Tuesday, 9 May 2017

Should It Be Illegal to Purchase Ancient Artefacts?

by Laura Garratt

This essay was awarded first prize in the Archaeology Category of the St John's Oxford Classics and Ancient History Essay Competition.

In the summer of 2010, an early morning visit to the ancient ruins of Palmyra would have yielded views of the stunning monumental ruins of a great city with a myriad of tall and complete columns, illuminated with a rosy hue from the rising sun.  Visitors would rave about the sunset and sunrise on TripAdvisor, claiming the site to be the “Star of the Middle East”. 

Five years later, the sunrise is still the same, but it illuminates a scene of destruction and fallen stones.  The historic site fell under the control of ISIS in 2015: the Roman Theatre, which previously saw crowds of inquisitive tourists, has witnessed the ruthless execution of 25 captives; the temple of Baalshamin was razed with a large quantity of explosives; and artefacts both from the museum and the site itself were looted and sold on to buyers in the West, thereby filling the coffers of terrorists.
Despite this horrific example, I would argue that it should not be illegal to purchase ancient artefacts as I believe that the trade in legitimately obtained artefacts is something which ultimately benefits a great many people.  There are, of course, instances in which the sale of artefacts is already and should remain wholly illegal. This includes the trade in “blood antiquities” (antiquities which have been looted from war-torn countries and go towards fuelling conflict in those areas) and the sale of any other illicitly obtained artefact on the unregulated black market.

The impact on “blood antiquities” and other looted treasures

Several of the reasons why the illegal trade in artefacts causes so much damage are also compelling arguments to justify a total ban on the sale of all artefacts.

Firstly, the sale of looted treasures is an invaluable source of funding for ISIS and other terrorist organisations.  Being located in the cradle of civilisation, ISIS has some of the richest pickings in the world; the looting of al-Nabuk alone allegedly made ISIS $36 million.  Some of these artefacts will be kept hidden until the war dies down, but others have already been sold, often through Turkish merchants to European dealers.  Many of these end up in London, which has a huge market for antiquities.  Anyone purchasing these items would be directly funding terrorism, whether they are aware of it or not.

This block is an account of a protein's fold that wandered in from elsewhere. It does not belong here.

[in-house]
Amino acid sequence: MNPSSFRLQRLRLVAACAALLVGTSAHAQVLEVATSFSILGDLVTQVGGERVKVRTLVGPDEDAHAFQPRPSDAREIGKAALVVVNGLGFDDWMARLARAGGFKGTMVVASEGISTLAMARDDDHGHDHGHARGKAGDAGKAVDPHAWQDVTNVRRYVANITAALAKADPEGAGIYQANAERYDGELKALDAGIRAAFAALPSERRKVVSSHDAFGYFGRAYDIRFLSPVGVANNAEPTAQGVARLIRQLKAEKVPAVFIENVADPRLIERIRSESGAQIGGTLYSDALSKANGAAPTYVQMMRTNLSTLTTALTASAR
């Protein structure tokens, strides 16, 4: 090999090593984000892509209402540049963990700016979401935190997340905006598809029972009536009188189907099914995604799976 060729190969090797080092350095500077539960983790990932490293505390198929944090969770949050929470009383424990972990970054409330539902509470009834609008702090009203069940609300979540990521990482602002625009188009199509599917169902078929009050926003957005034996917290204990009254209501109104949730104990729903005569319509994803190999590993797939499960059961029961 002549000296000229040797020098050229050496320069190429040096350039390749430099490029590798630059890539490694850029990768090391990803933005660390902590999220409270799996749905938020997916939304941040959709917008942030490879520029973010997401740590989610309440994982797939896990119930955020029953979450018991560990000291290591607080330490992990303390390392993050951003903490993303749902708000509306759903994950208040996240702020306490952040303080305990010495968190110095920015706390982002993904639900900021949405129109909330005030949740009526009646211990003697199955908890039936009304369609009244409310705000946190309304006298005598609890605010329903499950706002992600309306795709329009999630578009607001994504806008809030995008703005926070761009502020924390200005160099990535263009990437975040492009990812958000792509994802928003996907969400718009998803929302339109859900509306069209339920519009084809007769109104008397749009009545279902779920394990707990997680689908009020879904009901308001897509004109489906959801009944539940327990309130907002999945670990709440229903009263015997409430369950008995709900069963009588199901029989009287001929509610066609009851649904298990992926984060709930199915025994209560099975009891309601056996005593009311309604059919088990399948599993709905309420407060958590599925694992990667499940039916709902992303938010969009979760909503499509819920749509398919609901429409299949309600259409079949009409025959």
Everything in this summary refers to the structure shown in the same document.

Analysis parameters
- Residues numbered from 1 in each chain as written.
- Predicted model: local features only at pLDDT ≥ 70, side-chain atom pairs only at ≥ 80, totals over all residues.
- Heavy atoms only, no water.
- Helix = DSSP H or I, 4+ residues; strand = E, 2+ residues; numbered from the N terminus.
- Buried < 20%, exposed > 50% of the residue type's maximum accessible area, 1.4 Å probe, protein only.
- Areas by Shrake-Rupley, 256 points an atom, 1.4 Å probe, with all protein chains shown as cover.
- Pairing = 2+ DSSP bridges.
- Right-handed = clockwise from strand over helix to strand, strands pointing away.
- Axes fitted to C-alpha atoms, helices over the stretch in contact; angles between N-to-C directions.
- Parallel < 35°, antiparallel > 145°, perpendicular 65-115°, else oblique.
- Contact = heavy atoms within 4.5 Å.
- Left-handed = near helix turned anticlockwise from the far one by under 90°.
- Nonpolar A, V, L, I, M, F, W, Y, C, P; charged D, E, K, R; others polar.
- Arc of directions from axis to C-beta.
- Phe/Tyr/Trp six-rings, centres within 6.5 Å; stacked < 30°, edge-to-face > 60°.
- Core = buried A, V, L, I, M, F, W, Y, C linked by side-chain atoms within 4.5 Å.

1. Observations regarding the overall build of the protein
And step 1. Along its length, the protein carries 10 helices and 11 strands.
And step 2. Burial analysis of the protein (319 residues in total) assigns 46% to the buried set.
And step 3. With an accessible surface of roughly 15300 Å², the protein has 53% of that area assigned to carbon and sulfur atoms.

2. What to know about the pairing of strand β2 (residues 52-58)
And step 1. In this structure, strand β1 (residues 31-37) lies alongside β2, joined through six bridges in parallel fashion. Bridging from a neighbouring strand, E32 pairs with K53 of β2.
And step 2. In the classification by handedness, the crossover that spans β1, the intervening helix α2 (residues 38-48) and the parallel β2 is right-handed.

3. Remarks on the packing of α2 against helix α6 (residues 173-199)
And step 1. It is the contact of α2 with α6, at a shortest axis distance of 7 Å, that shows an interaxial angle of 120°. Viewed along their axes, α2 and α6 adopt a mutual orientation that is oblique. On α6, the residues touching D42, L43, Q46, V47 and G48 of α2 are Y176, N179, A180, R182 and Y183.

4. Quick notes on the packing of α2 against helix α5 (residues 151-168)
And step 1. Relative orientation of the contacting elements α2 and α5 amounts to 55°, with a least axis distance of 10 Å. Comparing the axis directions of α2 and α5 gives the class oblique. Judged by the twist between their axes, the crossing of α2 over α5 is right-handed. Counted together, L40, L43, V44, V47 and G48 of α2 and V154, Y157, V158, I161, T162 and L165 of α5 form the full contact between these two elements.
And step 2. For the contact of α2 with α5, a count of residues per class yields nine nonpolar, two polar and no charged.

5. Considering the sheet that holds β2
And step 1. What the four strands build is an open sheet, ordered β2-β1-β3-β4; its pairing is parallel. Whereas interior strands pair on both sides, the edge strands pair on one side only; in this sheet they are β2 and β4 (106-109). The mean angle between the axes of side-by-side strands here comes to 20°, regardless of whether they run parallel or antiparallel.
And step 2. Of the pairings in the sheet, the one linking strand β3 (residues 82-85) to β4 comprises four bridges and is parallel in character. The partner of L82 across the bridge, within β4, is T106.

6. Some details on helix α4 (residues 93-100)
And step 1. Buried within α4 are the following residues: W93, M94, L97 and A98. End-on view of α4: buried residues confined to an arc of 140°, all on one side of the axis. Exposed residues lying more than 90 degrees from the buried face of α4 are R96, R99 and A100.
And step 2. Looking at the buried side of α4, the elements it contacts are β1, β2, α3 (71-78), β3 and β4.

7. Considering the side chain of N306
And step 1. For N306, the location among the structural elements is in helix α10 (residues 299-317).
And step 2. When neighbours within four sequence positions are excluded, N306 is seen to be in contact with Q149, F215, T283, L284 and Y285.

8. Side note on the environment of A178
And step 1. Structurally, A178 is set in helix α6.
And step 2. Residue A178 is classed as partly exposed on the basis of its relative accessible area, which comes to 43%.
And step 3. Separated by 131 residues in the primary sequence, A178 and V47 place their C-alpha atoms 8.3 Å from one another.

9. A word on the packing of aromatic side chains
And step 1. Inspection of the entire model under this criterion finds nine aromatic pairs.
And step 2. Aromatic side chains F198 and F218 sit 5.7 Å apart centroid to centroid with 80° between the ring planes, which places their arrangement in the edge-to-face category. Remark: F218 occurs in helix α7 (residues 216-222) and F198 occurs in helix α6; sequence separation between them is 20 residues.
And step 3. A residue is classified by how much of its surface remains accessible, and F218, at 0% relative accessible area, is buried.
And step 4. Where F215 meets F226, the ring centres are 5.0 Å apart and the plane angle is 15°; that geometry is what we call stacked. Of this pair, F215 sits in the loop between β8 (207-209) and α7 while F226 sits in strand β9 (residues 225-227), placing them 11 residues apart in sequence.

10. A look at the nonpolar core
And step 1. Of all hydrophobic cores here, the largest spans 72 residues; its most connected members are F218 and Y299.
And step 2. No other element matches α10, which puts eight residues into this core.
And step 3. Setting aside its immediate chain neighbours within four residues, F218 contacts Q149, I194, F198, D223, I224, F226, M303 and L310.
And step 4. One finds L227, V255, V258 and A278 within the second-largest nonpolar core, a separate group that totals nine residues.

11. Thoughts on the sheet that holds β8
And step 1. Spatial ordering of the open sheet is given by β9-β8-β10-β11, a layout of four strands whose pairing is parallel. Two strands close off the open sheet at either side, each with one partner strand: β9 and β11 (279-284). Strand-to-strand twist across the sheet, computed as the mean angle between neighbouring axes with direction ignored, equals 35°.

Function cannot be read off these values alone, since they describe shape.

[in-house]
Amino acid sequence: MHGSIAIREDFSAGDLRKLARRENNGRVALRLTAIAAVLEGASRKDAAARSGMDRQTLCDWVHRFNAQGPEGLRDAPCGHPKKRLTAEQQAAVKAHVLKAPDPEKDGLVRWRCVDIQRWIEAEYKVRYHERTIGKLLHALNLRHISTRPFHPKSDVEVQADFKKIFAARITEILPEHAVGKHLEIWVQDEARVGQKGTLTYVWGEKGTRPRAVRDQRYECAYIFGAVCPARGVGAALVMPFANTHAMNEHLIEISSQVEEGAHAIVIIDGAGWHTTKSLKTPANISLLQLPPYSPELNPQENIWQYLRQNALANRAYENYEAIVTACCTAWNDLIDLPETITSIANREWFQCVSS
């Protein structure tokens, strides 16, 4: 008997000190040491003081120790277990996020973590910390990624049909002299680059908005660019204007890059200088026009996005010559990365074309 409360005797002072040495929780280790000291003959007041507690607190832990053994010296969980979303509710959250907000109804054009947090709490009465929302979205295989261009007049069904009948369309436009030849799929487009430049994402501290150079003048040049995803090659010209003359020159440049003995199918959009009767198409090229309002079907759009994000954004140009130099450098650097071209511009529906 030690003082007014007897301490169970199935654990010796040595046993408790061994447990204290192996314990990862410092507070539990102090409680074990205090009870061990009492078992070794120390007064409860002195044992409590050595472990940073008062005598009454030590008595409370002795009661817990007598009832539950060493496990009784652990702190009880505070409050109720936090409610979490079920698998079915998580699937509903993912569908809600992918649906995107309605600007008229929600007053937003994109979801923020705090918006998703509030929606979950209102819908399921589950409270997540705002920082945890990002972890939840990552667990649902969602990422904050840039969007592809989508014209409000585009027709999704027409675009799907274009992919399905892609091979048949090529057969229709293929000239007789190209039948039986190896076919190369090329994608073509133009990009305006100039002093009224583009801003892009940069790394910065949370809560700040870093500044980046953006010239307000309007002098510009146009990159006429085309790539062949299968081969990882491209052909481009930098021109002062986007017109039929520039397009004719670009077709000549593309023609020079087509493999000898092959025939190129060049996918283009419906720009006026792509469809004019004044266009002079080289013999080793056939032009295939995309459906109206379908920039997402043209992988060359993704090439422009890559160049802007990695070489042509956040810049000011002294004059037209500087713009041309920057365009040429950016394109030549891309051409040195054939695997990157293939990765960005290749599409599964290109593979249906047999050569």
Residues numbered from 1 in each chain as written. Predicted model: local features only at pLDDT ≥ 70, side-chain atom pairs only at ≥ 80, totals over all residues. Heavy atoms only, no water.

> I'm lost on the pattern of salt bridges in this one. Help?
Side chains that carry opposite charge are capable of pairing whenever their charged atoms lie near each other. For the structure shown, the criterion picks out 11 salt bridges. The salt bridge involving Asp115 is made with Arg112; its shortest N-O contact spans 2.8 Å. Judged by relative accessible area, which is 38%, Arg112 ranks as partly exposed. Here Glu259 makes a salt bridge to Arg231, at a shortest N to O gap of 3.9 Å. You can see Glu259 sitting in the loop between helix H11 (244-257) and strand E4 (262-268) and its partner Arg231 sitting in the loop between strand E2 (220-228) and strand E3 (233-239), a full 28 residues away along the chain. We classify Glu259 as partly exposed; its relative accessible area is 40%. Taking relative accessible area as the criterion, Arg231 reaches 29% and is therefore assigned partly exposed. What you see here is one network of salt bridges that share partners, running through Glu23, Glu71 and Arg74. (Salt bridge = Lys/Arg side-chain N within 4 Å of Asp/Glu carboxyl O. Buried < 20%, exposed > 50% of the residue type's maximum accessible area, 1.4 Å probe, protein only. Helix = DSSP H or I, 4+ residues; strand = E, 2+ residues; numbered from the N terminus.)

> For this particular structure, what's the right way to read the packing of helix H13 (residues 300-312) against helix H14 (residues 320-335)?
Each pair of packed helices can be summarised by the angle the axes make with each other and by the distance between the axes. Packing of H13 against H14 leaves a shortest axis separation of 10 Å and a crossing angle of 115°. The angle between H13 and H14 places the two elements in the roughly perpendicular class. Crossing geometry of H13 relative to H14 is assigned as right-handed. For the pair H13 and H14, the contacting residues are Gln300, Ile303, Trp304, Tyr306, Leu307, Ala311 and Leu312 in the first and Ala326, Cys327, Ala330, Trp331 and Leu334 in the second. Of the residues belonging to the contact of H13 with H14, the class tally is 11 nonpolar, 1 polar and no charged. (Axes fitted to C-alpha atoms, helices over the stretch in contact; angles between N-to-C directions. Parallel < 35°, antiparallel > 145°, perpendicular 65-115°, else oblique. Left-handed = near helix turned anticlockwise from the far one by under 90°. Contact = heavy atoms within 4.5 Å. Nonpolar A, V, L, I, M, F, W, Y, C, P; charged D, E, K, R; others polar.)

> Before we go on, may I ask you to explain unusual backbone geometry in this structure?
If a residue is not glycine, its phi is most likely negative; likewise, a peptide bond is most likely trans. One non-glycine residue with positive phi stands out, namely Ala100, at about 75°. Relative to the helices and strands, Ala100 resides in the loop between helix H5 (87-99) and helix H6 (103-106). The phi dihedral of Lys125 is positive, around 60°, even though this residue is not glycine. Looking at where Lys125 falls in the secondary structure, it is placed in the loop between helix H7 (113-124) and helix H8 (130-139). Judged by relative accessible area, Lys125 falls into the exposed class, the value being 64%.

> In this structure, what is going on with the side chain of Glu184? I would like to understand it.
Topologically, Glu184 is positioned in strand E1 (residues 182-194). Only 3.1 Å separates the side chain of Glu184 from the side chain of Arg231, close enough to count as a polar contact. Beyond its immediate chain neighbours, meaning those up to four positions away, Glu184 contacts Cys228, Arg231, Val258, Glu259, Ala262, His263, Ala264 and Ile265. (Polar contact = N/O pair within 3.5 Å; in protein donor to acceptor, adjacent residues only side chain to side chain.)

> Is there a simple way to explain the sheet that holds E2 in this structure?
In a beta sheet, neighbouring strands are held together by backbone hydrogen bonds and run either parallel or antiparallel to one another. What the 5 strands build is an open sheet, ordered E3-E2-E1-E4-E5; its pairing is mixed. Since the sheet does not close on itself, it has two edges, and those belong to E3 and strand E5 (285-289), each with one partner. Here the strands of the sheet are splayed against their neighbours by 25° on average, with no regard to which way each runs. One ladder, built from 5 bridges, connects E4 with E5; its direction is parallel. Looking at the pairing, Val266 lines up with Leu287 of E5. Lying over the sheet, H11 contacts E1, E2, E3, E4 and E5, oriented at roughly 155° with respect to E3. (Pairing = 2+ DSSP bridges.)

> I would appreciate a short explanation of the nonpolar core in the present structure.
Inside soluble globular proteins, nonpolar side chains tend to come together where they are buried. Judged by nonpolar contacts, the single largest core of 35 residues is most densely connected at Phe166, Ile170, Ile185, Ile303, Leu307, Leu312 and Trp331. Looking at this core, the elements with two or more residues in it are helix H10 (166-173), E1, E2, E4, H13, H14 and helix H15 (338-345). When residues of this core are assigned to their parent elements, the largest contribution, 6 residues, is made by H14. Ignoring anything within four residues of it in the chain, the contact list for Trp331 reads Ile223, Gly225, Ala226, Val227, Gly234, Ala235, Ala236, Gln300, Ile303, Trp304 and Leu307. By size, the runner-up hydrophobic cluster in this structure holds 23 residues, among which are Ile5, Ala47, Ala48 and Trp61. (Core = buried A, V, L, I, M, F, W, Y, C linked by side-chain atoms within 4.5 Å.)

Secondly, the looting and theft of items actively damage archaeology itself and, therefore, our very understanding of history.  Once an item is removed from its original location it becomes difficult to understand its full and complete history.

In addition, countless precious objects are damaged while being removed, transported and stored by the people whose sole objective is to make money rather than to preserve and study them.
It could be argued, therefore, that at a total ban on the sale of ancient artefacts would slow down the enormous trade in them.  By putting an end to the easy circulation of precious antiquities, the looting and destruction of sites around the world would be discouraged and a lucrative source of funding would be made much more difficult for terrorists to access.

However, I would argue that a total ban on all artefacts would not have a significant impact on the sale of illegally-sourced antiquities.

The purchase of looted items is already banned in the UK, one of the world’s largest antiquities markets.  The “Dealing in Cultural Objects (Offences) Act 2003”, the “Theft Act 1968” and the “Proceeds of Crime Act 2002” all mean that it is illegal to purchase these looted items, and if you do so knowingly, you will be faced with charges.  Purchasing any item off the black market is illegal.  Unesco conventions on trading antiquities have been in place for over forty years and the trade in illicit artefacts from Iraq and Syria was banned by the UN Security council in 1990 and 2011 respectively.  Since these laws are already in place, there is only so much a new ban on all artefacts can achieve.

In fact, it is just as likely that outlawing the sale of all antiquities would increase the number that end up on the black market, since many people would resort to purchasing things illegally.  The huge demand for antiquities is unlikely to die out overnight and ruthless wealthy private collectors would benefit from the lack of competition for pieces from public institutions and law-abiding buyers.
In addition, the market for artefacts previously obtained legally would then be combined with the artefacts obtained illegally, mixing those with clean, moral histories with those obtained from looting, theft and destruction.   It would become much harder to distinguish the two.  In this way it is highly possible that illicit sales would in fact rise, not fall.

The consequences for the sellers

It is necessary to consider not only those purchasing the artefacts, but also those who sell them.  Selling antiquities provides a livelihood for many dealers; it’s a huge global industry.  Not only are there hundreds of dealers operating in the UK alone, but thousands who operate online.  A quick search on Google will reveal a multitude of internet shops claiming to sell authentic, legally acquired goods.  Sites like “www.ancientresource.com”, “www.artemisgallery.com” and more well-known ones such as “eBay” and “Etsy” have made it extremely easy for people to buy ancient artefacts.  The trade is booming, which means that more and more people make a living selling these objects.  Making the purchase of ancient artefacts illegal would put many of these people out of work.